Dehumanizing Work

CW bored clerk.jpg
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Dehumanizing Work

Each trip off island involves making a shopping list so the time can be maximized.

Since I hate shopping this is yet another reason to not leave the island.

My first stop was at Circuit City for an item NOT on the list–my car radio has no input for my iPod and this seems les than fully human to me–I heard these guys can install a device that resolves this problem.

Glob, the name I will assign my clerk, was very, very tired. He yawned and looked aimlessly about as I explained my dilemma. He reported they offered no solution to this problem, this as his manager walked by and assured me, oh contraire hapless shopper, we do offer a solution, but alas the item is out of stock.

When I suggested calling another store the two of them looked like this novel concept had not once crossed their mind, assuming a mind was in their possession and available for use.

Finding the store number took considerable time, as did identifying the part number–the entire process was an obvious irritation. Eventually Glob informed me that, “they have two.” The they was not identified nor was the two.

I asked for further details and Glob showed the first signs of life–evidenced by the redness that began to appear on his neck.

Manager man came to the rescue and printed directions to another store and handed them to me–still no part number¢â‚¬¦

As I left the store Glob suddenly appeared in the parking lot with hieroglyphics scratched on a business card.

At Radio Shack I encountered Glob II, who never once made eye contact and was attitudinally on the surly side from beginning to end of the transaction. I swear I am friendly, courteous and engaging with clerks–Glob II was resistant to my charms and as a matter of fact seemed more than mildly irritated by my attempts at human interaction.

He seemed to believe his sole responsibility was to serve as a human appendage to the cash register.

Automated checkout at the grocery store was starting to make sense to me.

Better to deal with the machine absent a human than deal with a human absent the human.

Glob II hated his job, hated his life, and I suspect he literally hated me.

Next stop was the APPLE store, also not on my list (remember it is Mother’s Day week and the priority items were along those lines).

At the APPLE store young geniuses wandered about avoiding eye contact with customers lest they be summonsed to engage in service.

Finally Genius Jason appeared and quickly found the item I was looking for. I handed him the gift card with which I planned to pay and he immediately called on a seasoned veteran for assistance.

As he fiddled with his hand held register, he became distracted by the sound of a voice in his earbud.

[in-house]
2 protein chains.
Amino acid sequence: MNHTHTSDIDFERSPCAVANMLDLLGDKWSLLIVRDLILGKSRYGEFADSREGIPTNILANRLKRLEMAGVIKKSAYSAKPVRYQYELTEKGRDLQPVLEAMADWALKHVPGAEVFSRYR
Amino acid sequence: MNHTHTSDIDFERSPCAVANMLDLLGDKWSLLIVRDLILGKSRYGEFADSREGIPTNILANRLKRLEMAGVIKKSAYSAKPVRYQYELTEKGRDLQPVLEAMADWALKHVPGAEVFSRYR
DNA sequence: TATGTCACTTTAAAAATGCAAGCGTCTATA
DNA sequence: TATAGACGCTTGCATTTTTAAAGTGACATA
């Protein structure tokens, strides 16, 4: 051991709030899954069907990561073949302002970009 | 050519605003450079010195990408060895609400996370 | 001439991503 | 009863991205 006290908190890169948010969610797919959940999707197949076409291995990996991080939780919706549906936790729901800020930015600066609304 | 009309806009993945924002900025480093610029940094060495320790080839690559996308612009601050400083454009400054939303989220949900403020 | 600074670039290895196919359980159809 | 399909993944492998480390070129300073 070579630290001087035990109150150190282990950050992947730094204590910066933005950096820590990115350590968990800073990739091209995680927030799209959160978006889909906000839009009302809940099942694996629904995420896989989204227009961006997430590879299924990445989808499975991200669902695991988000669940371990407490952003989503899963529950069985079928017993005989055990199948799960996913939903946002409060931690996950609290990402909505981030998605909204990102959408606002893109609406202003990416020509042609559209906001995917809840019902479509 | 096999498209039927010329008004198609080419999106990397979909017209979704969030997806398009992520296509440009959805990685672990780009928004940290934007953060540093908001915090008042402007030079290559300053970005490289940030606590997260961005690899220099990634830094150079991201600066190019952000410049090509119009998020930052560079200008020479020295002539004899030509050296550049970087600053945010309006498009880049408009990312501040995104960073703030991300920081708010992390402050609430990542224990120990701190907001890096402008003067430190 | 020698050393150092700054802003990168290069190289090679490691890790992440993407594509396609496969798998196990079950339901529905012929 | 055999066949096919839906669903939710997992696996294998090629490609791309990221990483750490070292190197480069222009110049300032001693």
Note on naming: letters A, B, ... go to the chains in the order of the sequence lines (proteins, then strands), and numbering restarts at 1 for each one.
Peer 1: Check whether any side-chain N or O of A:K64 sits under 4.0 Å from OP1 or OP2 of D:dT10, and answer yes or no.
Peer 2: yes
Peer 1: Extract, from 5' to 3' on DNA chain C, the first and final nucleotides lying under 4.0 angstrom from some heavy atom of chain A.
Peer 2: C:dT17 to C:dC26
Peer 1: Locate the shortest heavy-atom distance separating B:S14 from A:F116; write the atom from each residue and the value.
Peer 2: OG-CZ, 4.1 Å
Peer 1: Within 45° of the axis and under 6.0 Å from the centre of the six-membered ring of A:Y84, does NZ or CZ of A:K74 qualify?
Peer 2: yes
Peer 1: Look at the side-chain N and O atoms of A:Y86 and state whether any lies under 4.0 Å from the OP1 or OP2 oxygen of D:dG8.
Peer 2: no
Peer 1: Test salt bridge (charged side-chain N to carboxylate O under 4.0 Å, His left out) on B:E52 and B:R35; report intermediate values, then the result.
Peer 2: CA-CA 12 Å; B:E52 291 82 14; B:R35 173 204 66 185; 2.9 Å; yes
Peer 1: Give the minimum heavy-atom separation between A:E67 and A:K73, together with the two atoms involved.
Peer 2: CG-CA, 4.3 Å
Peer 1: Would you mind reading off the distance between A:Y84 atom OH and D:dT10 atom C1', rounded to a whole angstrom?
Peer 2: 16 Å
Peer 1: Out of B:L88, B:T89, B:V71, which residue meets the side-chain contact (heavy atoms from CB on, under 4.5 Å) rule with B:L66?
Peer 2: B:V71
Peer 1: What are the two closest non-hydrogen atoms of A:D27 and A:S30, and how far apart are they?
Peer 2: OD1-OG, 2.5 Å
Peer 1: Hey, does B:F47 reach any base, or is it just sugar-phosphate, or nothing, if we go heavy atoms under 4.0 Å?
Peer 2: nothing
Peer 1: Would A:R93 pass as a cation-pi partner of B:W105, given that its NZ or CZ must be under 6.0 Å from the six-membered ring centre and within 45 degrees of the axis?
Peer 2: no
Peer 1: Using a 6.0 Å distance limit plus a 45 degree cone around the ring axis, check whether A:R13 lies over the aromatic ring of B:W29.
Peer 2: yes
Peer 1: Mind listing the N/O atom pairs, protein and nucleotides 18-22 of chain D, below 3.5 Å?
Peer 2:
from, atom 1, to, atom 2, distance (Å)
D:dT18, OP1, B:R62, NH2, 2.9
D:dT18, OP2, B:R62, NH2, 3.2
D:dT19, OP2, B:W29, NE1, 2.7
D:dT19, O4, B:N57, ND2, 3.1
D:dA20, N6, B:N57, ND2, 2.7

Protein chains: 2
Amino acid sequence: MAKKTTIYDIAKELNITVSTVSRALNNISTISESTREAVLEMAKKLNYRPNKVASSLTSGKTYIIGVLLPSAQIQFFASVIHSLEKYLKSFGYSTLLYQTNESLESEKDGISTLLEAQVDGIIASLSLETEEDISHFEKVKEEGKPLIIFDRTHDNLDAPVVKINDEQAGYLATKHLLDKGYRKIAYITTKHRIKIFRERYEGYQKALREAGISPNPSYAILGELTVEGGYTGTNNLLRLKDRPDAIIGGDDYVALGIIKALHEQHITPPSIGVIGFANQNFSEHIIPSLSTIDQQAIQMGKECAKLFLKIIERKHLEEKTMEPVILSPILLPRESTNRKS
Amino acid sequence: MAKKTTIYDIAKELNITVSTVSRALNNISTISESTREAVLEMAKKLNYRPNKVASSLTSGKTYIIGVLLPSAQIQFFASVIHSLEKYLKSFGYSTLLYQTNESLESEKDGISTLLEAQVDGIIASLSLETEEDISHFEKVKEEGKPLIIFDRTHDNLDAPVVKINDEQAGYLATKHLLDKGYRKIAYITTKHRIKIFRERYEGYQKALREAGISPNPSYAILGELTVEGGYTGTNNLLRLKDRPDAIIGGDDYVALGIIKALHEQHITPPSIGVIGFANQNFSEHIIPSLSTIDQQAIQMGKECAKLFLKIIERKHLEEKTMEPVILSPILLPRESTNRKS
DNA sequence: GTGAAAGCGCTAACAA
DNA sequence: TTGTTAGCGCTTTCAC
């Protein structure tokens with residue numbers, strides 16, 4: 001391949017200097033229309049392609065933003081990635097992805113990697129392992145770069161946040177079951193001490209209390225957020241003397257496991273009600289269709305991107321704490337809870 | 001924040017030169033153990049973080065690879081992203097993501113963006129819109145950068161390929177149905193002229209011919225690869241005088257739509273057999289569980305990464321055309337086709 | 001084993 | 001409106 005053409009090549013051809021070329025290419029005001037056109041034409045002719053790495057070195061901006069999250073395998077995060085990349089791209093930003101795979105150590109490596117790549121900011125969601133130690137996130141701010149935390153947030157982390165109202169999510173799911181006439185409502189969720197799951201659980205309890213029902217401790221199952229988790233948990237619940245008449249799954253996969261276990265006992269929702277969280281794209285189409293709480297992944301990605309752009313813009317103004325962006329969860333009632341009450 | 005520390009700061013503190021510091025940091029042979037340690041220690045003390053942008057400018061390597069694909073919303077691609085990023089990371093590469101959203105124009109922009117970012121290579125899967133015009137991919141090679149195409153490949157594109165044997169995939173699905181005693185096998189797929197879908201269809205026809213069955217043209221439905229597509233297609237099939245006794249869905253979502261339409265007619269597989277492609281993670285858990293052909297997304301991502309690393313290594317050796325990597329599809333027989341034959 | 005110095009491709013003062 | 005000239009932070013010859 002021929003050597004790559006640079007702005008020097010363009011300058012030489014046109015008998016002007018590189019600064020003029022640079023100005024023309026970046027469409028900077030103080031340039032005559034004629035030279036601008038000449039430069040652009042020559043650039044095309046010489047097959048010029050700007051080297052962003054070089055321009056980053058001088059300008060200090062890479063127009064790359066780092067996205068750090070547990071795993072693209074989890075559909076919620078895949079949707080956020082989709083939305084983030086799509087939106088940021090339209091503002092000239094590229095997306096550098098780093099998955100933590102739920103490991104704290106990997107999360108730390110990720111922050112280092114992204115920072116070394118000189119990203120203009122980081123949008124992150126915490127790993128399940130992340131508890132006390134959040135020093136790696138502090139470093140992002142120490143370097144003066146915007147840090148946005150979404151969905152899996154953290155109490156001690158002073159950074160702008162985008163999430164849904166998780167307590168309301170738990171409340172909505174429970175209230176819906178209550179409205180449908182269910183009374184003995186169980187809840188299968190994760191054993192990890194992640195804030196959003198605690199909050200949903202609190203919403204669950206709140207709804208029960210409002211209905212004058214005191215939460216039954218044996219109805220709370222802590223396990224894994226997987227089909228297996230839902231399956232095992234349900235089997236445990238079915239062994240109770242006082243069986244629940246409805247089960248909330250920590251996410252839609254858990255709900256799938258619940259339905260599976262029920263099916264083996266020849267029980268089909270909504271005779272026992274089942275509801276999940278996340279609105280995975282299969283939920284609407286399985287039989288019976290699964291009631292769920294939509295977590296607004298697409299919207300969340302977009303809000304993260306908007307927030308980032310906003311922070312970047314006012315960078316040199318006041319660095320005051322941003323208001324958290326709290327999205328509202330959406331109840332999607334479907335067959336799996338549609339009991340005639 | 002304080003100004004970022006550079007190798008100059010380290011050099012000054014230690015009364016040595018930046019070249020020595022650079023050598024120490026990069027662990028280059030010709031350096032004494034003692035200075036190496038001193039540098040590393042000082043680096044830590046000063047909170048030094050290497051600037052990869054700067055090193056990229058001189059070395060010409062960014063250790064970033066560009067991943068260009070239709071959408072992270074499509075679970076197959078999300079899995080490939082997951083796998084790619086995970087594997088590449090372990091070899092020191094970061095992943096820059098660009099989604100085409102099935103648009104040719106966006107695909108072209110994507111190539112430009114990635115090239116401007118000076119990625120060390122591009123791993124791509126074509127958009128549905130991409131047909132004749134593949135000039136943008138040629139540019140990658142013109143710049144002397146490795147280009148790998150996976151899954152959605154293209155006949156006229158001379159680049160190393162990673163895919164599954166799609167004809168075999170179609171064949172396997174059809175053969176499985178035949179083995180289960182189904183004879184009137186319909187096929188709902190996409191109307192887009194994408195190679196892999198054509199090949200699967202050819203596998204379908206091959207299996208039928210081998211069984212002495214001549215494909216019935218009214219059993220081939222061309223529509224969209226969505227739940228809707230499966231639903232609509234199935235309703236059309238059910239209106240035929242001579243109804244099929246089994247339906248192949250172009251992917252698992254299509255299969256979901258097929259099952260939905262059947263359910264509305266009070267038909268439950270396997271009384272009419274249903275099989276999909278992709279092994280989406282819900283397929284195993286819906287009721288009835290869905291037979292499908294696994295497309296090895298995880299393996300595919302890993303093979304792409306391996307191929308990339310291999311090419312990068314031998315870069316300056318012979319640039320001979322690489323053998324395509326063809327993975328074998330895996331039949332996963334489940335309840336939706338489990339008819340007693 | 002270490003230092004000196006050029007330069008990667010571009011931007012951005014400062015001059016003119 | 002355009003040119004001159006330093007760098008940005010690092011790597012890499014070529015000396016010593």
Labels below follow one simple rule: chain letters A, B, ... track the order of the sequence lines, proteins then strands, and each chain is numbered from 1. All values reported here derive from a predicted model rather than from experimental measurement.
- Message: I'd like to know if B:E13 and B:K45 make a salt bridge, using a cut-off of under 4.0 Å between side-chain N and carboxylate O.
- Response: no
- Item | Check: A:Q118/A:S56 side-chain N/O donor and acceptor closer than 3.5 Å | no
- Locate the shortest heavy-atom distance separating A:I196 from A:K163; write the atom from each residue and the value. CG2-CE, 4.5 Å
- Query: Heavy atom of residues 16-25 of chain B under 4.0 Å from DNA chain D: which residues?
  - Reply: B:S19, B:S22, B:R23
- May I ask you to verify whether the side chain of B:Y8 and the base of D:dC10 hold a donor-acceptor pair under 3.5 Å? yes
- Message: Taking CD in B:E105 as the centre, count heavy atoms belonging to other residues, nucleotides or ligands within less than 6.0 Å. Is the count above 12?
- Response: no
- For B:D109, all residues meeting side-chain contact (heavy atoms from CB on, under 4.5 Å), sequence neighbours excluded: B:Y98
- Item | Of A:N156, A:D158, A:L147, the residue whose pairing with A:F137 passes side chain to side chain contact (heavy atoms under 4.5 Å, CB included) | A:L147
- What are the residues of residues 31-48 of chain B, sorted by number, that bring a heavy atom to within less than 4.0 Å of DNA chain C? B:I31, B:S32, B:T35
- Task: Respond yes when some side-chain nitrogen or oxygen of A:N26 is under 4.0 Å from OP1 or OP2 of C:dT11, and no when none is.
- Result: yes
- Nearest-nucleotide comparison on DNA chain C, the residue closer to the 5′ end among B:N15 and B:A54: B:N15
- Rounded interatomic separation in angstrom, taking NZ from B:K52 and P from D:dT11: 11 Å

I turned and saw a senior level genius issuing instructions to all the orange shirted store clerks.

They all laughed and chortled simultaneously. Genius Jason seemed particularly incapable of the multi-tasking required. The synchronization of clerk mental and relational abandonment of customer was storewide!

Having worked up an appetite I sought comfort in the local Johnny Rocket and plopped myself down on a stool at the counter.

Josh greeted me with a smile and struck up conversation. He handed me a menu and asked it I had any questions. As I ordered he joked about the diet coke when combined with the high calorie burger and fries prepared in what he claimed was the highest fat content oil on the planet.

It was oddly politically incorrect and I liked it. He brought the fries and assured me they were hot and he handed my a little paper bowl for my ketchup.

I was feeling reassured about the relational retail skills of the younger generation when a little sign behind the counter caught my eye.

1. Greet Guest. (+)
2. Present Menu (logo facing customer) (+)
3. Give guest two nickels (“play your favorite song on the jukebox.”) (- I found out later from Josh that the juke boxes have been out of order for a month).
4. Pour ketchup for guest. (- Josh gave me the dish but did not pour)
5. Serve beverage (+)
6. Offer Straw (+)
7. Present Sandwich (+)
8. Check Back (-).

I was asking myself whether it is better to be poorly served as in my earlier experiences, or to be better served but only with the aid of visual and written promptings outlining what would once have been normal human behavior.

Just then the music in the background blasted out with the Bee Gees “Staying Alive.”

The place was transformed into a disco with waiters dancing like Travolta, the cook turning the house lights on and off to simulate a strobe effect.”

Josh was hamming it up and customers were laughing and a good time was had by all.

Clerk-wise it was the most human interaction of the day and a burden was lifted.

After the performance, which lasted the length of the song, I asked Josh if “dancing when staying alive” comes on was in the company policy book and he told me yes. I asked if this was part of the interview process and he said no. He volunteered that back East the stores dance to Thriller instead of Staying Alive–inexplicable regionalisms.

I still felt OK and gave Josh a fairly good tip. He was human, even if it had to be outlined for him. He put his ham-mish heart into the whacko dance. He personalized the tasks and brought a friendly, engaging personal touch to my lunchtime experience.

Personalizing requires a person and I knew there was one in Josh–I’m not sure about the others.

Overall my concern is a generation that already hates life at 20–sees no hope for a better life–and rather than making the best of the only life they have–seems content to spill their discontent into their daily interactions.

Yours for the pursuit of God in the company of friends, Dick Staub.

PS. And remember, “these are the best of times and the worst of times, but they are the only times we have.” (For Now).

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